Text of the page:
Donoher: “Unfortunately, we couldn’t take the ball and go home.”
Abdul-Jabbar: “He only played five minutes that game, but to his great credit, he made history in those five minutes. The photo of Dan beating me was featured in Sports Illustrated and become iconic [it would hang for years in University of Dayton Arena]. In the end, it didn’t matter; we beat them 79-64."
A half-century later, Donoher still mourns part of his strategy: “May played deep in the post and that played right into the teeth of UCLA because of Alcindor. In retrospect, had we played May high up around the foul line and played our center off to the corner, deep along the baseline, maybe we could have generated more offense early and been competitive in the game. But that was a tall order. They had shooters. They had great guards. And they had about the best player in the history of the game. We were up against it.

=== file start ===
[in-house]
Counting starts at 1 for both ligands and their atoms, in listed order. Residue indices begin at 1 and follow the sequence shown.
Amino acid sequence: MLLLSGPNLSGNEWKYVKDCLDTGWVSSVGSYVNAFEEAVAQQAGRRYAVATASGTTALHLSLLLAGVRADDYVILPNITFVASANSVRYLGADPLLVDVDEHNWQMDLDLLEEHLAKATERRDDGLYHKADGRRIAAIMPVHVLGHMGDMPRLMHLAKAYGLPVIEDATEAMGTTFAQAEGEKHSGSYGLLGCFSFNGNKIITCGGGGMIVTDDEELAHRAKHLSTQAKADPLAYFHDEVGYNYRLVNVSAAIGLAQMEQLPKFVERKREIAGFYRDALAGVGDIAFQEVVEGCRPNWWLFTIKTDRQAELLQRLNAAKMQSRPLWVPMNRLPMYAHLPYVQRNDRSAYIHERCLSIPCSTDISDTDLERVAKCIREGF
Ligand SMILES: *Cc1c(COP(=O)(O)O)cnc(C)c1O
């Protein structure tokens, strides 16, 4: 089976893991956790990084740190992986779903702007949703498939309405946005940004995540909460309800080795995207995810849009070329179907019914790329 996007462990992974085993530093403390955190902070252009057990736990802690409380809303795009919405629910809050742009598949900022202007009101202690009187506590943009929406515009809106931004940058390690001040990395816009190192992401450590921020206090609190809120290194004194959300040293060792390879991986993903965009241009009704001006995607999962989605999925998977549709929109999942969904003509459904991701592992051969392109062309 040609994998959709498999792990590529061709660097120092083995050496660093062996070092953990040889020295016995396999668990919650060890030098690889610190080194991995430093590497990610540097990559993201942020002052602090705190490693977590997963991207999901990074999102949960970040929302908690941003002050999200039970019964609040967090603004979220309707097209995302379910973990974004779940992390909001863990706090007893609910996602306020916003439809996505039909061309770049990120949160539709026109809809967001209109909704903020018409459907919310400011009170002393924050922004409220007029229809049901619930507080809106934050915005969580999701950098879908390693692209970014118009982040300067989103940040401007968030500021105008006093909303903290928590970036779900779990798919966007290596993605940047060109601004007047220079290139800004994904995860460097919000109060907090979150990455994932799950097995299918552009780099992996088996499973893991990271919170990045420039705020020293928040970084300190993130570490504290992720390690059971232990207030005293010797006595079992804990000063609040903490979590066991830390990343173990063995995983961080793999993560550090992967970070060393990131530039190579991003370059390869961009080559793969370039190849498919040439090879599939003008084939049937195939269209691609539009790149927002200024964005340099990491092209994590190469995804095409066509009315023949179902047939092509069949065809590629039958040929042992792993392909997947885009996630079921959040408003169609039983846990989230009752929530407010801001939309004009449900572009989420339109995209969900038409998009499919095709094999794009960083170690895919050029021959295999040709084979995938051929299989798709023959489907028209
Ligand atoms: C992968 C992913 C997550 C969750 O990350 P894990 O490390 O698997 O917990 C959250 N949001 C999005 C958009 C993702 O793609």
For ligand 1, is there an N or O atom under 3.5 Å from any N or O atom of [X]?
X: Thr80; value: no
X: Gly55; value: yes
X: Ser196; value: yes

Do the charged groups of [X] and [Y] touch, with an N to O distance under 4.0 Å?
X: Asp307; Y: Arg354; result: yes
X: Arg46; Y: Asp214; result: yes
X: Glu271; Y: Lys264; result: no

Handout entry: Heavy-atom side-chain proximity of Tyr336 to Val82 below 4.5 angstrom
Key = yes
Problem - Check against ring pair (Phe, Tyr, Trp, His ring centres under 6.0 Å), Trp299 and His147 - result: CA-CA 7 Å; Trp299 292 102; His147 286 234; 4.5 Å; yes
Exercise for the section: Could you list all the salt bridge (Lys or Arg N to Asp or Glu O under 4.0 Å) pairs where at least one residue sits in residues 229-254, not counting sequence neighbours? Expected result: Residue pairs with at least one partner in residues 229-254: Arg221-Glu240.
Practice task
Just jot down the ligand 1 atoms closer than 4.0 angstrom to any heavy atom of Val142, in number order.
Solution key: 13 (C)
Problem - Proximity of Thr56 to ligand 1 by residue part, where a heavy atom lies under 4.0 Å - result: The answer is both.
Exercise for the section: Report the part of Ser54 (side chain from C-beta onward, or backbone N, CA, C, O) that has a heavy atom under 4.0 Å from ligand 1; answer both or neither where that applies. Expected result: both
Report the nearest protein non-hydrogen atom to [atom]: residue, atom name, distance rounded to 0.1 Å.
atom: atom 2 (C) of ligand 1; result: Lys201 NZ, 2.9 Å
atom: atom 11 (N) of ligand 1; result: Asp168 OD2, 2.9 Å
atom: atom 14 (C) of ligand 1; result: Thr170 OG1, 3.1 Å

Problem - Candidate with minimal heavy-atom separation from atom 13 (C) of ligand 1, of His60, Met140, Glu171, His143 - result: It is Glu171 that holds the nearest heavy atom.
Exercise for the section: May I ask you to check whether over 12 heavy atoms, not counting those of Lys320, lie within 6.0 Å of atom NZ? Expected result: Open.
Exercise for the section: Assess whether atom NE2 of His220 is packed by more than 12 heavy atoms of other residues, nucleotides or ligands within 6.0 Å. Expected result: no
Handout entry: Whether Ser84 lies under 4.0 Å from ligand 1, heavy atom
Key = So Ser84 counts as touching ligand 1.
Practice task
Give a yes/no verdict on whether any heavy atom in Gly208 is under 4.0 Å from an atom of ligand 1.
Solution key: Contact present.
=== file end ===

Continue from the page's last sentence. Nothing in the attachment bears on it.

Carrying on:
“The final score was not indicative of how much they dominated us [it was 70-46 when Wooden called off the troops]. But then again, they dominated their whole schedule.”
Shackelford: “As good as they were, well-coached, they were a little undermanned against us. His [May’s] game was five feet and in, muscling inside, and that’s just not going to happen with Lew Alcindor. So it was a pretty easy win.”
Alcindor had 20 points, Allen 19, Warren 17, Shackelford 10. The Bruins breezed despite a horrendous 11-for-25 from the free-throw line. It was the third national championship for UCLA and Wooden in four years.
But it was something else: An unmistakable message of what was ahead for college basketball, delivered by a program that would own the future.